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Govt Quiet On Second Vice President Appointment

Zimbabwe has been without a second Vice-President for over a year following the resignation of Kembo Mohadi in March last year.

Presidential spokesperson George Charamba on Tuesday told NewsDay that he could not comment on when President Emmerson Mnangagwa would appoint a second VP.

Mohadi resigned on 1 March 2021 in the wake of damning immoral allegations which dogged him until the end of February 2021.

Constitutional lawyer Lovemore Madhuku said there was no law that compels the President to appoint a second VP. Said Madhuku:

The President has not breached any part of the Constitution by not appointing a second VP.

The 1987 Unity Accord is irrelevant in the appointment of the VPs because it is a private contract between Zanu PF and PF Zapu. That cannot be enforced using the laws of Zimbabwe.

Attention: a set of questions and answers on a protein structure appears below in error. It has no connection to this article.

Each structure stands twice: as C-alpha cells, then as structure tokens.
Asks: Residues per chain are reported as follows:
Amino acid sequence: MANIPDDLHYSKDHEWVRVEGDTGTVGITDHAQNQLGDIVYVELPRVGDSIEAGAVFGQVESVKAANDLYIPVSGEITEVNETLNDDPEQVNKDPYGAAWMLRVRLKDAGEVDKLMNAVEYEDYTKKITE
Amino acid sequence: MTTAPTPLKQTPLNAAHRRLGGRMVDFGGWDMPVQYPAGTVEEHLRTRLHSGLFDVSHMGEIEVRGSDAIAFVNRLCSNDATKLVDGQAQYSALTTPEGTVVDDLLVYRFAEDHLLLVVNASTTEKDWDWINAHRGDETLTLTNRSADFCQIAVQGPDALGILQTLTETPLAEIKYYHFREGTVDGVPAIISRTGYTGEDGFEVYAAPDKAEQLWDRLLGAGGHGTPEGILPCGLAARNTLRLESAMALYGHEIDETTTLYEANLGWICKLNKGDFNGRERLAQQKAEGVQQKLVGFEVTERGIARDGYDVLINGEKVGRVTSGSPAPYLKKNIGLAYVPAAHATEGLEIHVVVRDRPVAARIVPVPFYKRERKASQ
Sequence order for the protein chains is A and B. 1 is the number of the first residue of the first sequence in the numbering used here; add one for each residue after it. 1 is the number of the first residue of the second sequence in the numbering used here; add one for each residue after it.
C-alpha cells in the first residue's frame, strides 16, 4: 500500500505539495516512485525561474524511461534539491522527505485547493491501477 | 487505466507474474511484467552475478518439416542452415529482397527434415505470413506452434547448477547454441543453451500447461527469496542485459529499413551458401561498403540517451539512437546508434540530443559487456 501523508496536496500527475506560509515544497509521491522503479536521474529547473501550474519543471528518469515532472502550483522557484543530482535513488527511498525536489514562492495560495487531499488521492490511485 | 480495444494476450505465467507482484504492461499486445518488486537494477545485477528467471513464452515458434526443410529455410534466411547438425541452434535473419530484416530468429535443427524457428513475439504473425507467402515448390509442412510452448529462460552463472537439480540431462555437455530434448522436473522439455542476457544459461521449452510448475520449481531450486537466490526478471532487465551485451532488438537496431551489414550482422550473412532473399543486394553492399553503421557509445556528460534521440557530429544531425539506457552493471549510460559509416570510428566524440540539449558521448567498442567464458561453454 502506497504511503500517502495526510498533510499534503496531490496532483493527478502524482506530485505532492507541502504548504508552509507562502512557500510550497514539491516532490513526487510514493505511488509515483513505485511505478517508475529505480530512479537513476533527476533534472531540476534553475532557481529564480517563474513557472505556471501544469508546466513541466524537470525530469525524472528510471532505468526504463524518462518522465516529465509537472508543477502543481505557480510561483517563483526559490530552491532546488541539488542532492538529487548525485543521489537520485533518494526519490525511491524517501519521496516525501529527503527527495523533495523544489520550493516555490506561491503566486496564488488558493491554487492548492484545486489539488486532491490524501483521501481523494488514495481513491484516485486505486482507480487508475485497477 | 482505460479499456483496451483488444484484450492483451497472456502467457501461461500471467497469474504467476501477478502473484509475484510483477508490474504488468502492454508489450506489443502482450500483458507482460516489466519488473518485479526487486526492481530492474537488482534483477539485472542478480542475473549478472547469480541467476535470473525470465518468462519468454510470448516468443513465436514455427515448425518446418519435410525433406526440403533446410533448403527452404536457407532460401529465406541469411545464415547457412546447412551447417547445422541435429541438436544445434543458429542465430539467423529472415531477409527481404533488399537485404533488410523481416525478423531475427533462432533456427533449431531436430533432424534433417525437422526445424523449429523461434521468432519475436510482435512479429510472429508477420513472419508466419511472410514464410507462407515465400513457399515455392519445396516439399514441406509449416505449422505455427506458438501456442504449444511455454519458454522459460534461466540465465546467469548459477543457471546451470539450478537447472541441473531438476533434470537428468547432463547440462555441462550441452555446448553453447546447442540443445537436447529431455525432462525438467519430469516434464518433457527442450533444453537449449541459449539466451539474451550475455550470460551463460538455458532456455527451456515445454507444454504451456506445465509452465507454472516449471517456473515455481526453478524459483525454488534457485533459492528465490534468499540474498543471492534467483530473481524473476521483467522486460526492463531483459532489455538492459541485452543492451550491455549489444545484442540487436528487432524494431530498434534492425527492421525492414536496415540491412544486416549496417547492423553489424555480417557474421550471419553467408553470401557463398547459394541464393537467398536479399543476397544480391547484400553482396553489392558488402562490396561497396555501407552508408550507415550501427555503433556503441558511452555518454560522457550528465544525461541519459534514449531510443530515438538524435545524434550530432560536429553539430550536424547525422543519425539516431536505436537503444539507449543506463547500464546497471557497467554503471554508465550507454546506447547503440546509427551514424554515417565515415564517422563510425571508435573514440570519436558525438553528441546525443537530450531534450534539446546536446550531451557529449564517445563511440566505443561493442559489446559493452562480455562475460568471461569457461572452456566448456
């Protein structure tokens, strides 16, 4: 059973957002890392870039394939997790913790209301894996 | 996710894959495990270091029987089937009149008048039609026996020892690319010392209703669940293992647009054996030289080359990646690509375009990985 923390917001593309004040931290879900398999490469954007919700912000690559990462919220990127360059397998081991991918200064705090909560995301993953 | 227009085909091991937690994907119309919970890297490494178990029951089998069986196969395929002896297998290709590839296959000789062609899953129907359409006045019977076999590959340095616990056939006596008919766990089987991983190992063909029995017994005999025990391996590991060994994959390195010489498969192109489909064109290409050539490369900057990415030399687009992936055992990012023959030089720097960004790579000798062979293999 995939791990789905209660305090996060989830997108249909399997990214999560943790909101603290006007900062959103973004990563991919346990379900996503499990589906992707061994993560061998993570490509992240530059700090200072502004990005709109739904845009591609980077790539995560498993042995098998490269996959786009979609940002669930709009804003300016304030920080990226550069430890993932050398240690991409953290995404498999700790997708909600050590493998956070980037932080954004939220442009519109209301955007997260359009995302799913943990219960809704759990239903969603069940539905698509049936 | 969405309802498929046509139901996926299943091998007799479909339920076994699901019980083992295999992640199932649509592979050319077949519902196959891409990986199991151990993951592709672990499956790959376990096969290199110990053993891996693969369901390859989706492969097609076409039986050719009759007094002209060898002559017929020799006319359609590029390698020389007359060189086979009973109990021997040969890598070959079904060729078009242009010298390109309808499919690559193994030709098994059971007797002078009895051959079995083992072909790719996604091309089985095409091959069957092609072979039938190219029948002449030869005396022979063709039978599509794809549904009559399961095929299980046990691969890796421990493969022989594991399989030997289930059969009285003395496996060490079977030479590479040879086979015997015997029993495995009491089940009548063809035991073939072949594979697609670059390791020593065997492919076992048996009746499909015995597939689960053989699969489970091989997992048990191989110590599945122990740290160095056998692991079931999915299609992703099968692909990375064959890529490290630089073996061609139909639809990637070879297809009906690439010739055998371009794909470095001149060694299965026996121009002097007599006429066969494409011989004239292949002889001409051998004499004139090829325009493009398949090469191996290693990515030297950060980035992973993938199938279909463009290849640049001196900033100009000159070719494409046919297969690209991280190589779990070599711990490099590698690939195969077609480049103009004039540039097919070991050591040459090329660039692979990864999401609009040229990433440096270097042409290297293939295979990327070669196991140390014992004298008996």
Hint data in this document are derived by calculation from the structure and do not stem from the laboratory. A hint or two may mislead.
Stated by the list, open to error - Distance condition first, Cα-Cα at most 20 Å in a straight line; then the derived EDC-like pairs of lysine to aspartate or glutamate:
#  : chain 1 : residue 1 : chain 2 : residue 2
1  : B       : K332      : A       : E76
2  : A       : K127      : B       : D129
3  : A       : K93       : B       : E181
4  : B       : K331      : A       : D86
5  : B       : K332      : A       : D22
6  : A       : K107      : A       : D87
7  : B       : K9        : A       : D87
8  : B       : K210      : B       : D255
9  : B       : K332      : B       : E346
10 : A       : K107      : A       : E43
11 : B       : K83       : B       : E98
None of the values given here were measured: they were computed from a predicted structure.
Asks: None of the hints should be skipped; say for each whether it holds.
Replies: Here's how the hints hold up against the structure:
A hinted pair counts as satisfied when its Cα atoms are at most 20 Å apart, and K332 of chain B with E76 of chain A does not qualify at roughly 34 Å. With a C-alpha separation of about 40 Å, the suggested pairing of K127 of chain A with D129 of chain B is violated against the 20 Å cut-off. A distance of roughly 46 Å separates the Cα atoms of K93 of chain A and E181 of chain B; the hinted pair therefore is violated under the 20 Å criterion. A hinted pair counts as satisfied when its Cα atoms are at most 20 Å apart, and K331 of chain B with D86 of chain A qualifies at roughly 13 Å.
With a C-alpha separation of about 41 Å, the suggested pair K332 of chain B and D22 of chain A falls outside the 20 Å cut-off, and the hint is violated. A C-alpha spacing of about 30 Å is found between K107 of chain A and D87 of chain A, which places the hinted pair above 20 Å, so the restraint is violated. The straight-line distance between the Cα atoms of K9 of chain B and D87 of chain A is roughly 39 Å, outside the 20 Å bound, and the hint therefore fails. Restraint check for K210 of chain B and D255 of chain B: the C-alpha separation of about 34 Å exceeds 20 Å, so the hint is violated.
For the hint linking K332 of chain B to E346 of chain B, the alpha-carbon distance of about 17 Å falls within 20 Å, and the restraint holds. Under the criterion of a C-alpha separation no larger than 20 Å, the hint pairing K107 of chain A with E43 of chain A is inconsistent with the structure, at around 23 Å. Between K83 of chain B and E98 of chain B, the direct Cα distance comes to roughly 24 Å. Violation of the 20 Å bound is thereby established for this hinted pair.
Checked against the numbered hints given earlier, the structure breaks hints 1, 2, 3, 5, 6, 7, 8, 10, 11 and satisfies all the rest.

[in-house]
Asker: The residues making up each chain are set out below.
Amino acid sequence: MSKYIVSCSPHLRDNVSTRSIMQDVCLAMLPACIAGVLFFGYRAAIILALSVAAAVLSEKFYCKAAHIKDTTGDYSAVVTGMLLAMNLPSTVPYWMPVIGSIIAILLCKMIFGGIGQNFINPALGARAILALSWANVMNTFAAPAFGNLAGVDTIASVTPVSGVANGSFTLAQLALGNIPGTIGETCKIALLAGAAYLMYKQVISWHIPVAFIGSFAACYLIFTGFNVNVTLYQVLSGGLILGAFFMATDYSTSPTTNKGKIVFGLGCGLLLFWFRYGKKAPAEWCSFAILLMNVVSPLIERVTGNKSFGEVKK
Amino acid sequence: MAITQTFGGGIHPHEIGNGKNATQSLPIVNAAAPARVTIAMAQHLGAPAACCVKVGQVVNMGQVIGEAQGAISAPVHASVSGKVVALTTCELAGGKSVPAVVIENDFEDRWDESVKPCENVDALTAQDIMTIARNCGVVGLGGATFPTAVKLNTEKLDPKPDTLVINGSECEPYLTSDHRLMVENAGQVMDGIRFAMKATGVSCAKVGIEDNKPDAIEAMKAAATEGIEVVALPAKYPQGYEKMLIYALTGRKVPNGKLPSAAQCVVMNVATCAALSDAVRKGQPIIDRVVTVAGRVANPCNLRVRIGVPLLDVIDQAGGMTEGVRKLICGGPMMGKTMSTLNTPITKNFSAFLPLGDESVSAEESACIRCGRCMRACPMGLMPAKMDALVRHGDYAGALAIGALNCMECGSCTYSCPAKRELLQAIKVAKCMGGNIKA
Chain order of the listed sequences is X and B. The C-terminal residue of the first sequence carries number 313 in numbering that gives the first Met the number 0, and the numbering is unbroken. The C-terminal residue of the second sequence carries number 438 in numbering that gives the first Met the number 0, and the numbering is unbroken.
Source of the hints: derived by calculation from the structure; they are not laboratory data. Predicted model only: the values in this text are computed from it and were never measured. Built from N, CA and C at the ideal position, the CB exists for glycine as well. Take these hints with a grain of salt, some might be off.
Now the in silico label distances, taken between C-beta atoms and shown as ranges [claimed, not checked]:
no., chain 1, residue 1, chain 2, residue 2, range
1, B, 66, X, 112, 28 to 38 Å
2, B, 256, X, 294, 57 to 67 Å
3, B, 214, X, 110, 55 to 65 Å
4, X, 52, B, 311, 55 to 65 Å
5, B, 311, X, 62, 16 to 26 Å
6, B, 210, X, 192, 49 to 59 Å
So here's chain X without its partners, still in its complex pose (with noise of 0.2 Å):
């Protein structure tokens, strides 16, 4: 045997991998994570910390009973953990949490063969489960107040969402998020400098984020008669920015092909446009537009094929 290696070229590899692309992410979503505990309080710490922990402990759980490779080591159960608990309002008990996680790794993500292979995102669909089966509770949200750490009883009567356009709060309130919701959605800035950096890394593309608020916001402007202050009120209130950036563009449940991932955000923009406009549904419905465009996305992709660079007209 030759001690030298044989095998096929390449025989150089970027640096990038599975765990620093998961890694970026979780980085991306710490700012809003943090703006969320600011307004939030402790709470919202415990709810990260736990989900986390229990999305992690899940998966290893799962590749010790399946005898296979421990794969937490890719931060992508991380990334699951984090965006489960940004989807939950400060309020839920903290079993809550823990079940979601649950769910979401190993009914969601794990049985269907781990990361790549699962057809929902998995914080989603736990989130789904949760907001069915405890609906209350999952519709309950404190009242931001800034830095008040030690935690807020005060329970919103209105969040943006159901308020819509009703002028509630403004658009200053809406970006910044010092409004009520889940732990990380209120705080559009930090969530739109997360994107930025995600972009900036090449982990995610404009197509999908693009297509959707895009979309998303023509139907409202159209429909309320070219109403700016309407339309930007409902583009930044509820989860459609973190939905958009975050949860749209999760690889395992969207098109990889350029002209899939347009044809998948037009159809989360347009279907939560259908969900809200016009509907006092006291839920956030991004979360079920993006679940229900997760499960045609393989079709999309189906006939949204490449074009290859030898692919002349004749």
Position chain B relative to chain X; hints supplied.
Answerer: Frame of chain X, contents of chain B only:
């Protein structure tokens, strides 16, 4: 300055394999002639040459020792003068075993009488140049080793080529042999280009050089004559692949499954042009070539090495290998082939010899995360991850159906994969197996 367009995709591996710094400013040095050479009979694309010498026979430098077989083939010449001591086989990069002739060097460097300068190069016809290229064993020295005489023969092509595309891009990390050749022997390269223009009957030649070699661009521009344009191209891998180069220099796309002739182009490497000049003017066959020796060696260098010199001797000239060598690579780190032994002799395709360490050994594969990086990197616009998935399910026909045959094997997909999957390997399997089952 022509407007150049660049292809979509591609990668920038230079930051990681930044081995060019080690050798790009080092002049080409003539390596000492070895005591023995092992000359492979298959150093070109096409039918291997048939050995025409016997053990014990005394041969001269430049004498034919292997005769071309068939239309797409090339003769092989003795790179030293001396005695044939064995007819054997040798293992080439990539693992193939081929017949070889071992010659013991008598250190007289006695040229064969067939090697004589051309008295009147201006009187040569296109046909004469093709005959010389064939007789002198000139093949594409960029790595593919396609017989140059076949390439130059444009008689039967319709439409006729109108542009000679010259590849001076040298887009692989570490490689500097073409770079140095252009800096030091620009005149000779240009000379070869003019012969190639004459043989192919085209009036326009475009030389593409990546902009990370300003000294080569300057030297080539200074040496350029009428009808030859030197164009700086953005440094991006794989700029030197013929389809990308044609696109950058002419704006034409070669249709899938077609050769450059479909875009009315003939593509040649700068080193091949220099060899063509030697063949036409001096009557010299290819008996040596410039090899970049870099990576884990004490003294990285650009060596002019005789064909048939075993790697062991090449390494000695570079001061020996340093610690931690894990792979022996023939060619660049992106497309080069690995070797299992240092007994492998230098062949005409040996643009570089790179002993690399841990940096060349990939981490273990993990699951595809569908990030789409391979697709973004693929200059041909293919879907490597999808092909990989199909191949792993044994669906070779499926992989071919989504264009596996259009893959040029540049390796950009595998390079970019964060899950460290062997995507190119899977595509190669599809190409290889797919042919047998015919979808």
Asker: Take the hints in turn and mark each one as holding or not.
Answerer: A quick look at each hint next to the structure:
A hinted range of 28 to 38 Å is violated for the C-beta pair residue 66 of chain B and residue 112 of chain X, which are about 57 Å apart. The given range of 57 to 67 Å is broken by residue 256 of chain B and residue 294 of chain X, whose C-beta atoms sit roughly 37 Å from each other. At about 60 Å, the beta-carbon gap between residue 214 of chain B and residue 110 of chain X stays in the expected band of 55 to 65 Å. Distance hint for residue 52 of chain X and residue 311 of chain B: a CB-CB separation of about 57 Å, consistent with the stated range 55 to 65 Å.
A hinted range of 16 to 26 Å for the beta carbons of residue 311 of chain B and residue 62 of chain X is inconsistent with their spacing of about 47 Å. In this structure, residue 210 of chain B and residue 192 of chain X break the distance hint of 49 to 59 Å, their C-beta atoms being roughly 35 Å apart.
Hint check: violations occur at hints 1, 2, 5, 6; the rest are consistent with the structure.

The post of the second VP was created following the 1987 Unity Accord between ZANU PF and PF ZAPU and was reserved for former ZAPU members.

However, political analyst Methuseli Moyo said former ZAPU members are anxiously waiting for Mnangagwa’s choice. Said Moyo:

The way Mohadi was induced to resign was very suspicious, and the amount of time it has taken to replace him or reappoint him makes the issue more suspicious.

No doubt Mohadi is bitter, and his fellow ex-ZAPU colleagues are anxious about what befell him, and who will succeed him.

The way ED came into power makes him indebted to a lot of people who made it happen.

He wants those harbouring ambitions to come out. It plays to his advantage to keep everybody anxious and hoping.

This is not the first time that Zimbabwe has had a single VP. Joice Mujuru once served alone from 2009 to 2014 following the death of Joseph Msika.

More: NewsDay

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